"Issaquah Transit Center" by majinandoru

They’re cracking down:

Beginning Jan. 15, parking guidelines will be emphasized for vehicles parked:

  • Over 24 hours
  • In emergency lanes, “no parking” and loading zones
  • In ADA-designated spaces, where a vehicle is not marked by a state-issued disabled parking placard or license plate
  • In more than one parking space
  • In a manner blocking other vehicles and/or pedestrian pathways

Sound Transit will provide a one-week grace period for transit lot users. Between Jan. 15 and Jan. 22, warning notices will be given to vehicle owners who park outside the guidelines. Starting Sunday, Jan. 23, cars that either exceed the 24-hour limit or fail to observe other regulations may be immediately towed.

This is probably improvement on the status quo. If spending thousands of public dollars on a parking spot that delivers 2 boardings per day is a shaky investment, a spot used as airport parking for 7 days is even worse.

Still, a much more elegant solution is to simply charge for parking in high-demand lots. If it’s valuable for someone to park in a Sound Transit lot for an extended period, then so be it, but let them pay for it.

Furthermore, properly priced* paid parking generates revenue for transit agencies; encourages carpools, ped, bus, and bike access to transit centers; and provides customers with a reasonably high certainty that there will be a few spaces available at any time of day.

For example: suppose I live a half mile from a Sounder station. I’m a bit lazy, it’s raining, etc., so it’s easier to just drive. Charge me a couple of bucks to park, however, and that small incentive may tip me into walking, freeing up the spot for someone who has no attractive alternative. Instant ridership!

* Meaning, priced just high enough so that there are a few spaces available throughout the day. If fears that “no one will park there” are accurate, then you’re doing it wrong. At a lot usually filled to 60% capacity, the proper price is $0 (or to sell off some of the lot).

27 Replies to “More Sound Transit Parking Enforcement”

  1. “Still, a much more elegant solution is to simply charge for parking in high-demand lots. If it’s valuable for someone to park in a Sound Transit lot for an extended period, then so be it, but let them pay for it.”

    Exactly. When I was still living in Northern VA this is the way the metro and some commuter rail lots where. Yeah If you’re taking the train in from 30 miles away you probably don’t pay to park. If you’re hopping on the metro at the Springfield Metro, just outside the beltway, you pay for that more valuable parking spot. Guess what? People pay because riding in even from there is far preferable to fighting into DC.

  2. Unless I overlooked it, missing from the mix of common infractions (ST should also enforce) is people who park at the P&R’s and Transit center parking lots, who don’t take a train or bus, but work nearby. In other words, the P&R’s parking lot is more convenient for them than their own company’s parking lot.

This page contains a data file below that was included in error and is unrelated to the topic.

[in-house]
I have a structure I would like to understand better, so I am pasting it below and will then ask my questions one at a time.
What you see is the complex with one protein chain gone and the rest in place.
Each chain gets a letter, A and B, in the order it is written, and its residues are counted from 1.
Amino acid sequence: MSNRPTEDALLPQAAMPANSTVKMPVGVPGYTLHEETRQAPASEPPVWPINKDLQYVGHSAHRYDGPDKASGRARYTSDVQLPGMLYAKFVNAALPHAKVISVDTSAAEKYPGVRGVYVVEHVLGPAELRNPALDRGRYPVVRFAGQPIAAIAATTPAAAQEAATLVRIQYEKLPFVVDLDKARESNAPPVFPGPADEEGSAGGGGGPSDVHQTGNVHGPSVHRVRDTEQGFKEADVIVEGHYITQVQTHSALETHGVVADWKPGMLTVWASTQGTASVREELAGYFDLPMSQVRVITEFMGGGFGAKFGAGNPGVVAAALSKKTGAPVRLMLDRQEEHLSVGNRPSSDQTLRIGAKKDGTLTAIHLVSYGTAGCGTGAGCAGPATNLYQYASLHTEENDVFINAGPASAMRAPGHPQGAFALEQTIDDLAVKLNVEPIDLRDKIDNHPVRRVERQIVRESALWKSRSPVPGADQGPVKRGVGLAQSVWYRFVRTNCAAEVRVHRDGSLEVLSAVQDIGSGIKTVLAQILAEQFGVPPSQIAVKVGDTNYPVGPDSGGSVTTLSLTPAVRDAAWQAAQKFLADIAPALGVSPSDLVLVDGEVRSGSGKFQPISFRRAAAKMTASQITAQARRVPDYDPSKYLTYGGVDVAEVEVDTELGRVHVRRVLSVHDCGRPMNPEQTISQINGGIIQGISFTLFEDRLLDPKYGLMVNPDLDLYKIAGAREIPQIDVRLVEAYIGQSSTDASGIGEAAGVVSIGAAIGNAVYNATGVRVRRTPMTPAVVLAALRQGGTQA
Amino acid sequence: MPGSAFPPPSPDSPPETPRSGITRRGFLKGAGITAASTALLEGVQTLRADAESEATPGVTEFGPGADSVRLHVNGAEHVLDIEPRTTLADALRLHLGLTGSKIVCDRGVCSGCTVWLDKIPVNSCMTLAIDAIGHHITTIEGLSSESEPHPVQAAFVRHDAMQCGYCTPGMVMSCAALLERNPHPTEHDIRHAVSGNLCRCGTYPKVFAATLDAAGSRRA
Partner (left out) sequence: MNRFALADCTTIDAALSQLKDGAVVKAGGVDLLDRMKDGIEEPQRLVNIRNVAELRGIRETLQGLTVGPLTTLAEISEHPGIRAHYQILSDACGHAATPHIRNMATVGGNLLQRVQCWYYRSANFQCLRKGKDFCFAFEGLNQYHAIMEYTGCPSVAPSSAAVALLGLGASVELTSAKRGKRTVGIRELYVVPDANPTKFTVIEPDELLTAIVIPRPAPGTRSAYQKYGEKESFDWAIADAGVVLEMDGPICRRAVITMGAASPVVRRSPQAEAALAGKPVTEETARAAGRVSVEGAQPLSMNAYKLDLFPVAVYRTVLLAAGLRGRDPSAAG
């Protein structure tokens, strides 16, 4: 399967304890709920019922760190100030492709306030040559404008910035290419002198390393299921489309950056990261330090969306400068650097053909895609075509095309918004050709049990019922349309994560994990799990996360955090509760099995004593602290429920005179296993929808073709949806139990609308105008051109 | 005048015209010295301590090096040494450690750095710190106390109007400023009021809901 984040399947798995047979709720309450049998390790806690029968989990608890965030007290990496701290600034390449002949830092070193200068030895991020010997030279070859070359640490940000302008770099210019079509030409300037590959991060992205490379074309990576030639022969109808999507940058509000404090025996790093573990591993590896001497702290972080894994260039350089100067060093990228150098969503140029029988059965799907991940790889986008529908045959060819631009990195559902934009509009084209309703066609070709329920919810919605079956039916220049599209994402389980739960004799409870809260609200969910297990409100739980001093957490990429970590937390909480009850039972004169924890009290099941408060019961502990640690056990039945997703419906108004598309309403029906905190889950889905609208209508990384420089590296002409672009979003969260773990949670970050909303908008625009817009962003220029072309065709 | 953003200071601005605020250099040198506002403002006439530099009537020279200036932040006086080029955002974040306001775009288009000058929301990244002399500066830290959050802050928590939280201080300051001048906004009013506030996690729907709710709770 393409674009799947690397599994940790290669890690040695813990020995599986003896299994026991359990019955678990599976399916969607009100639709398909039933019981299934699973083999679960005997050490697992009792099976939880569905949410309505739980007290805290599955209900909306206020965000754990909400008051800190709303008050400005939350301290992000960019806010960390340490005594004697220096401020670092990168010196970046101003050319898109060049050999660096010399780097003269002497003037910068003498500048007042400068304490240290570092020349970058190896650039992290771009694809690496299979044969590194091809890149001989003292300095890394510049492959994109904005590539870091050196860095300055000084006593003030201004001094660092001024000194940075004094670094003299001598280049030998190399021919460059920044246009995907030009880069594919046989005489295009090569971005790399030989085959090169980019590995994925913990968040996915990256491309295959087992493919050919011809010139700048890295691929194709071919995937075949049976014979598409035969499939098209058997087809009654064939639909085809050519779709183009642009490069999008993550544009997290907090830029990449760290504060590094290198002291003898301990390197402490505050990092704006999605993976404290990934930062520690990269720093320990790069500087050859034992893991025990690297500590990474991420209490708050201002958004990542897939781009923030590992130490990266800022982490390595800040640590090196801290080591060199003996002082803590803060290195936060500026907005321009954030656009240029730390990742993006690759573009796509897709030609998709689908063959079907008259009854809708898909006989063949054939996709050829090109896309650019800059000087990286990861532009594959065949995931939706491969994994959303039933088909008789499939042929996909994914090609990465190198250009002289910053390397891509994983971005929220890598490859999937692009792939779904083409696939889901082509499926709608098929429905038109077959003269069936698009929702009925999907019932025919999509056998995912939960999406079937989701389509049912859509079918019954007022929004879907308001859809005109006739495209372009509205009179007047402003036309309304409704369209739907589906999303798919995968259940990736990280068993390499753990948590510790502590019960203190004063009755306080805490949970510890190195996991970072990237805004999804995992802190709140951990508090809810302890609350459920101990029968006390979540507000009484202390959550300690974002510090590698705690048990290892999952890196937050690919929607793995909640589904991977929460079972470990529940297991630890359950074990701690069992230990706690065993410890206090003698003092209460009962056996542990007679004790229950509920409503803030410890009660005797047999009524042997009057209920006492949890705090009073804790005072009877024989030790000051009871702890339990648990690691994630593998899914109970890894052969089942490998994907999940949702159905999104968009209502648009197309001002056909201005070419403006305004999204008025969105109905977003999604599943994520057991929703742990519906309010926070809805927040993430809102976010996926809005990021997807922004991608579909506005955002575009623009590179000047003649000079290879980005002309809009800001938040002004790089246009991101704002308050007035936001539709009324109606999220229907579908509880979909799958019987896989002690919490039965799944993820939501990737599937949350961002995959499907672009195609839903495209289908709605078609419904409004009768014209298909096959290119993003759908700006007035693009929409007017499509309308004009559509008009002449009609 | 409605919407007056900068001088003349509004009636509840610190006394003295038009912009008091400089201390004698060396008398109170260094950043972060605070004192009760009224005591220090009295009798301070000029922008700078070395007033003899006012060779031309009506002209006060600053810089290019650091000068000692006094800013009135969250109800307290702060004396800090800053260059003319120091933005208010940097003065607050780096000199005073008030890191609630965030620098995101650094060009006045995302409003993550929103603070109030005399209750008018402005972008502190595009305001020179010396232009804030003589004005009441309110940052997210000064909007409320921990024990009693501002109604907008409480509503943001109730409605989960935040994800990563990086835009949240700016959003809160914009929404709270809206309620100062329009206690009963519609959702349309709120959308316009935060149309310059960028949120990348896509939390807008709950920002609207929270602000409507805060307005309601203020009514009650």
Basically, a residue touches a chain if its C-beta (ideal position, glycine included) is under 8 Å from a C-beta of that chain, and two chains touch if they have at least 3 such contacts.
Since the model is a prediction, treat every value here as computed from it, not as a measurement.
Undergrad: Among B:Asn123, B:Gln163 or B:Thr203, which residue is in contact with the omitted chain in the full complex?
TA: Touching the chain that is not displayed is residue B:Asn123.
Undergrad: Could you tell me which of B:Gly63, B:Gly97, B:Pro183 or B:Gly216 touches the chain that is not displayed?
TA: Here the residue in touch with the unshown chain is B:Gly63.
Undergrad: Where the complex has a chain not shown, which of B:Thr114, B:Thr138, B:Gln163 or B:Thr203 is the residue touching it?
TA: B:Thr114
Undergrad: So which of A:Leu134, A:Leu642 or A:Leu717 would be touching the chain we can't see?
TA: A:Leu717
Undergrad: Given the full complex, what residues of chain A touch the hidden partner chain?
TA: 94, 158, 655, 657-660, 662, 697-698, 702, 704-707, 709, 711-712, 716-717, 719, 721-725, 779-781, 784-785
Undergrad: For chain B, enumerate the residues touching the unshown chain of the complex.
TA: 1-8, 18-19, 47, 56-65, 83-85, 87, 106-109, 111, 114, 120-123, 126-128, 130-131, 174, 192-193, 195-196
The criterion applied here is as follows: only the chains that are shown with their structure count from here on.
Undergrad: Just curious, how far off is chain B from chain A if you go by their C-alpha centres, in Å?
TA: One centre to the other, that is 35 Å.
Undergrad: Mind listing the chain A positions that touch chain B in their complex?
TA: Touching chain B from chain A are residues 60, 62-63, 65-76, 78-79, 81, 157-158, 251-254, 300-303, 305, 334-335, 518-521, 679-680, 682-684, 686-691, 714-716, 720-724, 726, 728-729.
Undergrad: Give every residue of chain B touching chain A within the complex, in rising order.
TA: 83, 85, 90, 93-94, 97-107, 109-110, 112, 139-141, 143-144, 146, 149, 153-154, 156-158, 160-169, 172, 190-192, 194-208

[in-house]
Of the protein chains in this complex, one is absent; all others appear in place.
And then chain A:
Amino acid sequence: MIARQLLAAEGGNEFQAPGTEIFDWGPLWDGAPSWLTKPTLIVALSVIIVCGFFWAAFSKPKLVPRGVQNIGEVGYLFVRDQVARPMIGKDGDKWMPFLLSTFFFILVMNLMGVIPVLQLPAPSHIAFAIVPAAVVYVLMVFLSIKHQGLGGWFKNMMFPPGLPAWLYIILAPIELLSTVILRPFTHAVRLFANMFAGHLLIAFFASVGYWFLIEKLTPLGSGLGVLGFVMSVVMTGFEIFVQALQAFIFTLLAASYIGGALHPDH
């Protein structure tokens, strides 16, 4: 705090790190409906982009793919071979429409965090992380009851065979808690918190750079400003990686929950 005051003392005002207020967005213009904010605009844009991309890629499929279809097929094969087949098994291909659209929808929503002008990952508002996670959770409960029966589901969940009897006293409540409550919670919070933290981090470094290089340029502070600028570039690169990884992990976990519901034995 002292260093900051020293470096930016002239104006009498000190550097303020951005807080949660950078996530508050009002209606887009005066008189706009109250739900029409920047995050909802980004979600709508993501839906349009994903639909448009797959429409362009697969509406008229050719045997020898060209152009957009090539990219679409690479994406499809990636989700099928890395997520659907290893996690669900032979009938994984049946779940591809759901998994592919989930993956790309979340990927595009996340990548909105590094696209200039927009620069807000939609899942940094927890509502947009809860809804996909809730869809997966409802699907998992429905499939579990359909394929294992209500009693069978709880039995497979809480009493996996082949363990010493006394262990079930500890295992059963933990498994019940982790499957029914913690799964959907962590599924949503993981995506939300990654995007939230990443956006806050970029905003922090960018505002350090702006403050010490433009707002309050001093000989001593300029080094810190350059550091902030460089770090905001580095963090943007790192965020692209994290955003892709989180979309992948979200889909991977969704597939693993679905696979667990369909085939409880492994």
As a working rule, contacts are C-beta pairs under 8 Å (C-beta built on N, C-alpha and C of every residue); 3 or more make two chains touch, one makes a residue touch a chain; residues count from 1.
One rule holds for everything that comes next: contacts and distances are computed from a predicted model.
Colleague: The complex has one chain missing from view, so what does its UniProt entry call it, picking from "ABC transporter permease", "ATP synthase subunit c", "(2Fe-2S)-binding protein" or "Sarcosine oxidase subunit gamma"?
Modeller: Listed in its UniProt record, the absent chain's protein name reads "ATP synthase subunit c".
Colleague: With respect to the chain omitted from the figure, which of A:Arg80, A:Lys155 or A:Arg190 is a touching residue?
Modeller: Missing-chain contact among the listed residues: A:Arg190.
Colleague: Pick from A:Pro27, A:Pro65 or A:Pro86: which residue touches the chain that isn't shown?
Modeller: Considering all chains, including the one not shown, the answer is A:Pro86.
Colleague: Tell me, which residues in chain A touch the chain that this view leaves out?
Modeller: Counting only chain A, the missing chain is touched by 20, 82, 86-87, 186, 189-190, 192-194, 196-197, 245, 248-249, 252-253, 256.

1. While that still may be a violation, it is extremely difficult to prove. The citing officer would have to prove beyond a reasonable doubt (or by preponderance of evidence–I’m not sure which they’re subjected to) that the violator did not use a transit agency’s services.

  3. How about using an ORCA card? Put an optional parking charge on the monthly pass. Also, many south-end LINK passengers have been telling me they appreciate being able to park free at Tukwila so they can take the kids downtown for a treat. I don’t think most of them would mind paying something for parking, in return for a convenient and enjoyable trip.

    Also, how about an ORCA option featuring:

    1. A day’s parking.

    2. An all-day family pass good on LINK and all buses. If the interagency complications are too bad, let the pass at least be good on LINK and ST Express buses.

    If family trips could start at Auburn, Kent, Tacoma Freighthouse Square, Everett, Lynnwood, or Ash Way, a huge number of LINK passengers wouldn’t need cars at all.

    Mark Dublin

    1. Tukwkila station is how many miles from the airport?

      If you need to drive, use one of the private pay lots. Prices start around $10/day.

  4. Enforcement signs have already been posted at Issy TC.

    I live outside the walkshed (as defined by Sherwin) of the bus stop closest to my apartment served by an ST route (0.8 miles from the 554 stop at Issaquah City Hall). It has always been tremendously convenient for me to drive the 2.5 miles to Issy TC, take a two-seat ride to the airport for out-of-town travel, and leave my vehicle at the underutilized parking garage while gone. I’ve done this innumerable times over the last four and a half years without a problem or a citation.

    Now I find myself having to arrange other means of simply getting to the public transit that I’d like to utilize to get to the airport. The 15-minute walk isn’t such a big deal except when it’s raining (who likes starting off a long trip with wet luggage?) or my bad legs are acting up. I can’t always expect the few local friends I have to be available, and while calling a cab for a less-than-one-mile ride seems like a waste of resources, that appears to be my only choice if I can’t make the walk. (Not even DART is available: I’m a half-mile outside the 927’s service area.)